Free trade only benefits corporations

The mere threat from a corporation to move has a dampening effect on wages and taxes.

Former Prime Minister Brian Mulroney holding copy of 1988 Free Trade Agreement at time of its signing.

Dear Sir:

Years ago Albert Einstein wrote: “The situation prevailing in an economy based on the private ownership of capital is thus characterized by two main principles: first, means of production (capital) are privately owned and the owners dispose of them as they see fit; second, the labour contract is free. Of course, there is no such thing as a pure capitalist society in this sense. In particular, it should be noted that the workers, through long and bitter political struggles, have succeeded in securing a somewhat improved form of the “free labour contract” for certain categories of workers. But taken as a whole, the present day economy does not differ much from ‘pure’ capitalism.”

I used this quote in a speech I made to an Anti-Free Trade Rally back in the late 80’s when Prime Minister Brian Mulroney was having The Canada/U.S. Free Trade Agreement (FTA) negotiated.

When a deal was ready for ratification the other two federal political parties were opposed. There was a federal election before the deal was signed and FTA was a major issue in the campaign.

Mulroney was returned as PM but a majority of Canadians voted for one of the other two parties.

The implication was that most Canadians were opposed to the deal. Mulroney would not countenance any changes and it was ratified and signed.

What Brian Mulroney and the Tories did not consider (in hindsight maybe they really did) was that in time free trade would render borders between our two nations meaningless where corporate interests were concerned.

This would make it easier to facilitate the free flow of capital to lower cost jurisdictions south of the 49th.

These costs are primarily taxes and labour. The mere threat from a corporation to move would have a dampening effect on wages and taxes.

Many predicted this and they also predicted the pressure to reduce the funding of social programs as result of loss of tax revenue.

If you follow the decline in corporate taxes, decline in health and education spending and the stagnation of workers’ incomes over the last few decades, you could be forgiven for thinking that it was all part of the plan at the time.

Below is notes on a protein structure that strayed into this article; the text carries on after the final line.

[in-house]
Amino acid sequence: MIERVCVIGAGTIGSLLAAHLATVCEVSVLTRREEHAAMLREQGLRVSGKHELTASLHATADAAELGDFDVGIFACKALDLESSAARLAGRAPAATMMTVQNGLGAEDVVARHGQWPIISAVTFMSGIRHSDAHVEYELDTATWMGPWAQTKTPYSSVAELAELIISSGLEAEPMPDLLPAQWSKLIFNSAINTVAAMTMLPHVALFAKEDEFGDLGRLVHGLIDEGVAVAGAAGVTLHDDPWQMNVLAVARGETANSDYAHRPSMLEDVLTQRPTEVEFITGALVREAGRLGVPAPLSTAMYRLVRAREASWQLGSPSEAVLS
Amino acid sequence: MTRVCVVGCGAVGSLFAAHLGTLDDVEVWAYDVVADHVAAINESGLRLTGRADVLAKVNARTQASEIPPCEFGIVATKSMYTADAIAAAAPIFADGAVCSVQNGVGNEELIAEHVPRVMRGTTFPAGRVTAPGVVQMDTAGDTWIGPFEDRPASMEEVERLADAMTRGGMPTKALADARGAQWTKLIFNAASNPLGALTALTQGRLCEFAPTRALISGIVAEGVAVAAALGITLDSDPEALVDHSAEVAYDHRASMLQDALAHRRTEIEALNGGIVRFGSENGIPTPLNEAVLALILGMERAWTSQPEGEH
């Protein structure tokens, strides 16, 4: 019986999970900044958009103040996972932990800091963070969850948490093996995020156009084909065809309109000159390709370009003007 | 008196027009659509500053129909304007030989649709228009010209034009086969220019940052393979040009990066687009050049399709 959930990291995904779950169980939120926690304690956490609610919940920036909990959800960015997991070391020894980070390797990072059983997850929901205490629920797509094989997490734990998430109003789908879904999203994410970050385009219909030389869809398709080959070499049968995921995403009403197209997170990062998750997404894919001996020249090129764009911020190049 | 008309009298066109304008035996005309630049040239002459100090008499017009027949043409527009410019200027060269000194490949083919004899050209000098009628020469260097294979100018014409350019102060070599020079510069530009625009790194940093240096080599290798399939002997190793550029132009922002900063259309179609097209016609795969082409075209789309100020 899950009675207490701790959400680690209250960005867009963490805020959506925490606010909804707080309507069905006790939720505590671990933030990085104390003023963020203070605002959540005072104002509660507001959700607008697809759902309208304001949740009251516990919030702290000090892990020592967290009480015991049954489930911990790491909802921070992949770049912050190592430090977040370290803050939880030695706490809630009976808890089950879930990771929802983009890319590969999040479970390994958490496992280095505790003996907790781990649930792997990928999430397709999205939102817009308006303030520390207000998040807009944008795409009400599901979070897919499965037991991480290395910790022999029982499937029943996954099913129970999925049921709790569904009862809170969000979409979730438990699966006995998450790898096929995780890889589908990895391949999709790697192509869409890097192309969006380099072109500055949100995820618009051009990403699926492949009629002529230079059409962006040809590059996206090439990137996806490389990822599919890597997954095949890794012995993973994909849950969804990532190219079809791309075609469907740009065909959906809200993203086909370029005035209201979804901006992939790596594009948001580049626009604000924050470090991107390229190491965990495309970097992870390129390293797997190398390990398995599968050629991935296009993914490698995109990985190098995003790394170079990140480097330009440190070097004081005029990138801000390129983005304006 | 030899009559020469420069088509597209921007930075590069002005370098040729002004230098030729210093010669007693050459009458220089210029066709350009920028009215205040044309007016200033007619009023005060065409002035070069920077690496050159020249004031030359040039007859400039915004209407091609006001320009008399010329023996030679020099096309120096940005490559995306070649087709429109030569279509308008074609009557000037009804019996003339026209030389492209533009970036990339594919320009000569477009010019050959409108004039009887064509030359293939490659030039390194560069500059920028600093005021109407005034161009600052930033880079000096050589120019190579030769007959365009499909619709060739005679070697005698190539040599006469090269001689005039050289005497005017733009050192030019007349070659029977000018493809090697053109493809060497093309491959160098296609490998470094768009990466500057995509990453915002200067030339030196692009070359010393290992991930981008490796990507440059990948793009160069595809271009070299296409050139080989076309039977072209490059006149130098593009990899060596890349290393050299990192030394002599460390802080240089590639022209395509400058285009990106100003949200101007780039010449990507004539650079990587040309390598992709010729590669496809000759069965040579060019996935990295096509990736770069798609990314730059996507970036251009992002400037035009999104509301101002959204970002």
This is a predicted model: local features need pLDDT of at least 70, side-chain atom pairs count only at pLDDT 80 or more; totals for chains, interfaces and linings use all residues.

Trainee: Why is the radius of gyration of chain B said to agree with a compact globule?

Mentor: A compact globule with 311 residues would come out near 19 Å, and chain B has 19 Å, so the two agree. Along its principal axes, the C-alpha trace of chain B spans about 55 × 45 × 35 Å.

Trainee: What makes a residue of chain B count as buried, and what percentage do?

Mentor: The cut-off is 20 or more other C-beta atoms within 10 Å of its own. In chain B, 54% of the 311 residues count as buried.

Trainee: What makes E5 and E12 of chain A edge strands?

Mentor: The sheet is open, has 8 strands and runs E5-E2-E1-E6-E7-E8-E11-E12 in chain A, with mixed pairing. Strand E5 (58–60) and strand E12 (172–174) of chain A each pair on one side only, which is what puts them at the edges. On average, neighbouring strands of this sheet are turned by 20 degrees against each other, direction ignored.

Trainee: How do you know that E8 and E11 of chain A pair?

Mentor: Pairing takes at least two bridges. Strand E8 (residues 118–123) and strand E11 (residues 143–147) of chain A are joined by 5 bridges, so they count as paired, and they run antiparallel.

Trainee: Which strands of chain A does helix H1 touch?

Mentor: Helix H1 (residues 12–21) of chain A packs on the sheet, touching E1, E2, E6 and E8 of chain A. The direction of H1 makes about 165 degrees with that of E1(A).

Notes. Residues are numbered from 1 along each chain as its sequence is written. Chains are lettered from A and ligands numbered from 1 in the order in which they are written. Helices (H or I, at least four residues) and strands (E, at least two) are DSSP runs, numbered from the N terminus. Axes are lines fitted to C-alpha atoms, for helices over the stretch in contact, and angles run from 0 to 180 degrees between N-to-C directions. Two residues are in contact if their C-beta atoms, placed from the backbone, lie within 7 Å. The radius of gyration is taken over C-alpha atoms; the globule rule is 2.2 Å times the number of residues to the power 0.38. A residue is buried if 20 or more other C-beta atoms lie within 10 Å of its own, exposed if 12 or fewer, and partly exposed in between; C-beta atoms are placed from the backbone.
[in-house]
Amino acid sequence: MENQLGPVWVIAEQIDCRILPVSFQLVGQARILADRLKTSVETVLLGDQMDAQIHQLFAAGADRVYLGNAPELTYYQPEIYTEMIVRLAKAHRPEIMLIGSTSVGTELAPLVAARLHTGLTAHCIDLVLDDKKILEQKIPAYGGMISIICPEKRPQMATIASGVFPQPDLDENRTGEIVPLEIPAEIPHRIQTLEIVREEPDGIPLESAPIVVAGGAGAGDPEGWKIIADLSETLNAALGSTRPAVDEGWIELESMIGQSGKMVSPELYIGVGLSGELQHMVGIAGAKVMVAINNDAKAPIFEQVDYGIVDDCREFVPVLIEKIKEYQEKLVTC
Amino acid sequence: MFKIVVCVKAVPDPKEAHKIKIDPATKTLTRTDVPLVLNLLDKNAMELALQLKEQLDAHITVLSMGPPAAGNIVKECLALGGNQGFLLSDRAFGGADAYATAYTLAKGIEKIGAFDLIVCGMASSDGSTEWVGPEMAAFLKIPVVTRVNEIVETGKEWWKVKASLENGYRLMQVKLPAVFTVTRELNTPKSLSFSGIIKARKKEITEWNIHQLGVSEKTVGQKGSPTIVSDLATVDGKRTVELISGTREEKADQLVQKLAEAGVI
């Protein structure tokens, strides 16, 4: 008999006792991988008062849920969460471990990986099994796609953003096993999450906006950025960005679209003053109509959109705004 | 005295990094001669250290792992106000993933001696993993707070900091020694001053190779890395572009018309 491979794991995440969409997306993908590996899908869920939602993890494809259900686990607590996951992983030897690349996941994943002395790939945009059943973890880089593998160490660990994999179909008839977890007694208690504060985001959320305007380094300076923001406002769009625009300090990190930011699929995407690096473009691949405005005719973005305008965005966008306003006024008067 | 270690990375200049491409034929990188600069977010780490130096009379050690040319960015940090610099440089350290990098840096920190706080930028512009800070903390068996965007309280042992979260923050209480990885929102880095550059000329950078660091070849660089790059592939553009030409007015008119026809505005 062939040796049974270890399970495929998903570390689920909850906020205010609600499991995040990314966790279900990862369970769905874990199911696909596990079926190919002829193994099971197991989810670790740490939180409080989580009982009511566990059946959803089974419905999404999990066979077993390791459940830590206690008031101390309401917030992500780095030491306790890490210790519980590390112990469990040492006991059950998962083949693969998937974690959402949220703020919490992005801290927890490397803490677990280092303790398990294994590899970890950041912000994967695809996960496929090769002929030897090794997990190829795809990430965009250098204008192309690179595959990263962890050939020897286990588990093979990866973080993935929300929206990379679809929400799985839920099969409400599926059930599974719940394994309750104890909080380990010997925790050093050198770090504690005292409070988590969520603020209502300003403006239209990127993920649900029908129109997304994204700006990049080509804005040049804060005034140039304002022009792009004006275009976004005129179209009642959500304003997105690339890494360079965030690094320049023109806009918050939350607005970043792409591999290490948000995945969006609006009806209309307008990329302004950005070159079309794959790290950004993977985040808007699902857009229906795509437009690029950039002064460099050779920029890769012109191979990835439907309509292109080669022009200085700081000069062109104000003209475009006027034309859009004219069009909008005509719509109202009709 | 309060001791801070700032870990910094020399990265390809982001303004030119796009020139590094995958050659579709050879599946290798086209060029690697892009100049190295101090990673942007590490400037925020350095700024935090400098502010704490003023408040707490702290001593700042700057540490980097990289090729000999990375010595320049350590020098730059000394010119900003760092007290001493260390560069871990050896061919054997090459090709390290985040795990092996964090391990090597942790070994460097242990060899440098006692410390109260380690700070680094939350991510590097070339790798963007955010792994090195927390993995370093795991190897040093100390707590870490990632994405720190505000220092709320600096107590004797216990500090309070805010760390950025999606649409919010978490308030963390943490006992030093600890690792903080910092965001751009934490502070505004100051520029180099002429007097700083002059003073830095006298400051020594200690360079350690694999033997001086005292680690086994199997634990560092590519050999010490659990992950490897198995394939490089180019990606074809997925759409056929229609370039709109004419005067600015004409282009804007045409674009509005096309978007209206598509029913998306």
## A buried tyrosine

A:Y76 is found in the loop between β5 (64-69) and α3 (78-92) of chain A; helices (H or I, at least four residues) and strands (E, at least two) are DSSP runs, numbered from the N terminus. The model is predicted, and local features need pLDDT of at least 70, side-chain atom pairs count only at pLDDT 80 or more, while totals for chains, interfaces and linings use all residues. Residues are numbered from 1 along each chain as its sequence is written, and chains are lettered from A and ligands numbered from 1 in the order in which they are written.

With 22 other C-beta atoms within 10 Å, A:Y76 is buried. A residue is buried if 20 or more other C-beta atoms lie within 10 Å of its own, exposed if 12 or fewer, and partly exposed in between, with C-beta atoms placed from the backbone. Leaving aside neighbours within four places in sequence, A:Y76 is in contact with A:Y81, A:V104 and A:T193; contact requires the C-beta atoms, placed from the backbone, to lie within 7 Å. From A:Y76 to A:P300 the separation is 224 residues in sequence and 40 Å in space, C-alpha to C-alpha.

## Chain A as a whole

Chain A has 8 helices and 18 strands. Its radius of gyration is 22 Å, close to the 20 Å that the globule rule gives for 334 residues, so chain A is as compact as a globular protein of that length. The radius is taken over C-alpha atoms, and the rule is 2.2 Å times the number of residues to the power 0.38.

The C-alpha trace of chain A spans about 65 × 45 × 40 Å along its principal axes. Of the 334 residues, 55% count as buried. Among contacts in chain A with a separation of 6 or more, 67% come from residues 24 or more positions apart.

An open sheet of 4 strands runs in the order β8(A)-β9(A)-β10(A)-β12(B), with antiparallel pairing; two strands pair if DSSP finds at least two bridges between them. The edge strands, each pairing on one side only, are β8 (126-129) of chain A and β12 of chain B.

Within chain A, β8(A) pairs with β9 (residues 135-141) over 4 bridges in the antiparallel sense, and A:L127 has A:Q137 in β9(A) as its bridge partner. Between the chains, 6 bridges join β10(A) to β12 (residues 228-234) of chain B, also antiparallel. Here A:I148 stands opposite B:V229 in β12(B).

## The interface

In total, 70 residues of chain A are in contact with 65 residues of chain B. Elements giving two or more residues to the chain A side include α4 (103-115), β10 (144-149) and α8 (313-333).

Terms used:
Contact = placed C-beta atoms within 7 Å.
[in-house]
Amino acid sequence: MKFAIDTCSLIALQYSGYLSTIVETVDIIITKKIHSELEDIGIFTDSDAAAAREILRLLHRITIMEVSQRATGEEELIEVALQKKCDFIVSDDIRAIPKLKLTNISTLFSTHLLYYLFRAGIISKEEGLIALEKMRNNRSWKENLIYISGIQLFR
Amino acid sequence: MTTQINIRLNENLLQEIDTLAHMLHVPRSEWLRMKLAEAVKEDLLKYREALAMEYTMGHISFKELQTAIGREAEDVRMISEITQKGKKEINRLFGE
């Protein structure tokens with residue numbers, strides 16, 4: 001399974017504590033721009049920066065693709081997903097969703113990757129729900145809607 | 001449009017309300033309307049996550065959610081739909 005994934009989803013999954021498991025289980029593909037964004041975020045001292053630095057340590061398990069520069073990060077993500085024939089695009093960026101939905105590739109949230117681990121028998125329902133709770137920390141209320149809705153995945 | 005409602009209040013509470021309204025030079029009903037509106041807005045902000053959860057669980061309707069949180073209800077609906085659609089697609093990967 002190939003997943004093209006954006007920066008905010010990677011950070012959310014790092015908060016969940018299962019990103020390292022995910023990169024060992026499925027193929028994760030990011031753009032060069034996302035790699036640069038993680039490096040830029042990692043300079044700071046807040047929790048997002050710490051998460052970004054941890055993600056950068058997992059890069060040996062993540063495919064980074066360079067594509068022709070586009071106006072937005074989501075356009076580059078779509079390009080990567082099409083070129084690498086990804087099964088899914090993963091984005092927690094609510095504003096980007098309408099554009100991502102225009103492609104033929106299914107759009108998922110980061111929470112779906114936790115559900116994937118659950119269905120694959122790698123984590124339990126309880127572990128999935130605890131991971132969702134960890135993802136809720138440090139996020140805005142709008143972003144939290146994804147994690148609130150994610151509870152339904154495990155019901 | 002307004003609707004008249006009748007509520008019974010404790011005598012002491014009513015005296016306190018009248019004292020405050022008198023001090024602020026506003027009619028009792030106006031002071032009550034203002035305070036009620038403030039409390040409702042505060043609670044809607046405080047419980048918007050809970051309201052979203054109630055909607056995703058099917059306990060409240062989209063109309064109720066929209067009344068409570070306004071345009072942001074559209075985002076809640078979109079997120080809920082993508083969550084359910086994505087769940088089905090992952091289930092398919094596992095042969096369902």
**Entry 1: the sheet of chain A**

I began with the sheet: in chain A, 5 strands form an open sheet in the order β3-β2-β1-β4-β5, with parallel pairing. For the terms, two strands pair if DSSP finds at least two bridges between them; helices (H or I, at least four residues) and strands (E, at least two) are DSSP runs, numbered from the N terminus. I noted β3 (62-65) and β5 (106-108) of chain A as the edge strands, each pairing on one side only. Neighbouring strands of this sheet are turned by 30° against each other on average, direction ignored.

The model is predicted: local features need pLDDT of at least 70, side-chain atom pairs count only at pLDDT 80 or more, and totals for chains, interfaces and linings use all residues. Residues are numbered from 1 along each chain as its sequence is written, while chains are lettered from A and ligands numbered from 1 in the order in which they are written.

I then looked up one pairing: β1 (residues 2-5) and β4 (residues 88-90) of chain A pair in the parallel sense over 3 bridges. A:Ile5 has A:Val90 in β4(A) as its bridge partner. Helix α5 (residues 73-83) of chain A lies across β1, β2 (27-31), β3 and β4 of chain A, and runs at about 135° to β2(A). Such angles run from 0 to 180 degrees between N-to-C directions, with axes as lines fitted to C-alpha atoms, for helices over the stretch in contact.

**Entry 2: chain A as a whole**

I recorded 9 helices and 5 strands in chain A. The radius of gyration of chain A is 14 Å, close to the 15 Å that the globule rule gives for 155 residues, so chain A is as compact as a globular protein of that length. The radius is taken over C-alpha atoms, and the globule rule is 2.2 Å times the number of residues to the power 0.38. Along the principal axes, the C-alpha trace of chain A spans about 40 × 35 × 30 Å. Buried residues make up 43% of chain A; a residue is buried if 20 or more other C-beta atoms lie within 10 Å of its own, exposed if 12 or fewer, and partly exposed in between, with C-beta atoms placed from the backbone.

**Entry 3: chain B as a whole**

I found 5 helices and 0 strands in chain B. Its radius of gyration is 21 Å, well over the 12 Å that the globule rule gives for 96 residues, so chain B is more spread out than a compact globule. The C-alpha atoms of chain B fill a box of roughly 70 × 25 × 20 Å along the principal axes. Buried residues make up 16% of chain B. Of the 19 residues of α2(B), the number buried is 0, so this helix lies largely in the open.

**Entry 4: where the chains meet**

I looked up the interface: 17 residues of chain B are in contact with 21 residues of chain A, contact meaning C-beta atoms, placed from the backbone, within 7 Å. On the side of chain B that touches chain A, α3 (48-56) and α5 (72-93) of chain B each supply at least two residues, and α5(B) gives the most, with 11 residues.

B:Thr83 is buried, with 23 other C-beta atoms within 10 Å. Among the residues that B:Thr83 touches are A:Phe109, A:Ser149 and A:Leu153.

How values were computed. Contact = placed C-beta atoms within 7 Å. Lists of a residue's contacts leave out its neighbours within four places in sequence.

It is almost like a bunch of very wealthy, greedy corporate interests got together and devised this scheme to create two distinct classes.

The first is the working poor and the second the uber-rich and render impotent the government which is supposed to protect all citizens equally.

Albert Einstein was right but he never probably envisioned that “Free Trade” would be imposed on a naïve public and how it would compromise the sovereignty of the nations involved, making them leaner as well as meaner and advancing the two basic principles of “pure capitalism”.

My guess is that he would have seen the signs long before the Brits got interested in BREXIT.

FTA was a big win for corporate interests.

They get to use the sales pitch that if we want to keep jobs, tax revenue, health, education and social programs, we must sell off more of our natural resources to foreign interests.

This is taking resources from future generations to give us the illusion of a booming economy for a short time.

We are now even told by the same interests that in order to repair our pot-holed roads we should never question the LNG hallucination, pipelines, log exports when our mills are closed and never question the pie-in-the-sky pronouncements from dreamy-eyed politicians  of untold wealth for the province if we just say “yes” each time – even now when they have increased B.C.’s debt liability by something in the order of $130 billion since 2001.

Sure, there is a cost to saying “no” but it is the height of arrogance to think there is no cost to saying “yes” or not to recognize it.

Governments justify their twisted priorities and cut services to people so that taxes to big business can be reduced in the name of keeping them competitive.

We have even had workers unions accepting two-tiered pay packages so that any future hired employees will work for much less.

It is designed to increase the corporate profits and cut down labour costs.

It will keep happening until employment standards are harmonized with those in countries with low wages and no worker protection and get a little closer to the “free-labour contract” Einstein spoke about.

The message from the proponents of free trade and like-minded politicians was that we would all be better off.

The benefits of being competitive with more profit for corporations would trickle down to the average person.

We keep getting a healthy dose of this self-serving clap trap every time a trade deal is announced from the proponents of globalization, but ask the average person if they have been “trickled on lately” and you might get an interesting response.

Ironically it was the effects of this “globalization” – the EU brand – on the people that was in part the catalyst for Great Britain’s BREXIT referendum result.

In the aftermath of BREXIT, just imagine trying to untangle Canada from these arrangements at this stage.

The fact is that currently our economy is influenced much more by decisions made by people occupying the boardrooms of multinational corporations than by politicians you elect to represent you.

But that is okay isn’t it?

Our roads are allowed to get into a state of disrepair and the province’s visionary leaders won’t replace our hospital unless we agree with them and say “yes”?

Respect for a difference of opinion might be a start?

There are costs to saying “yes” as well.

Helmut Giesbrecht,

Terrace, B,C.

(Editor’s note: Helmut Giesbrecht represented the Skeena riding in the 1991-2001 provincial NDP government.)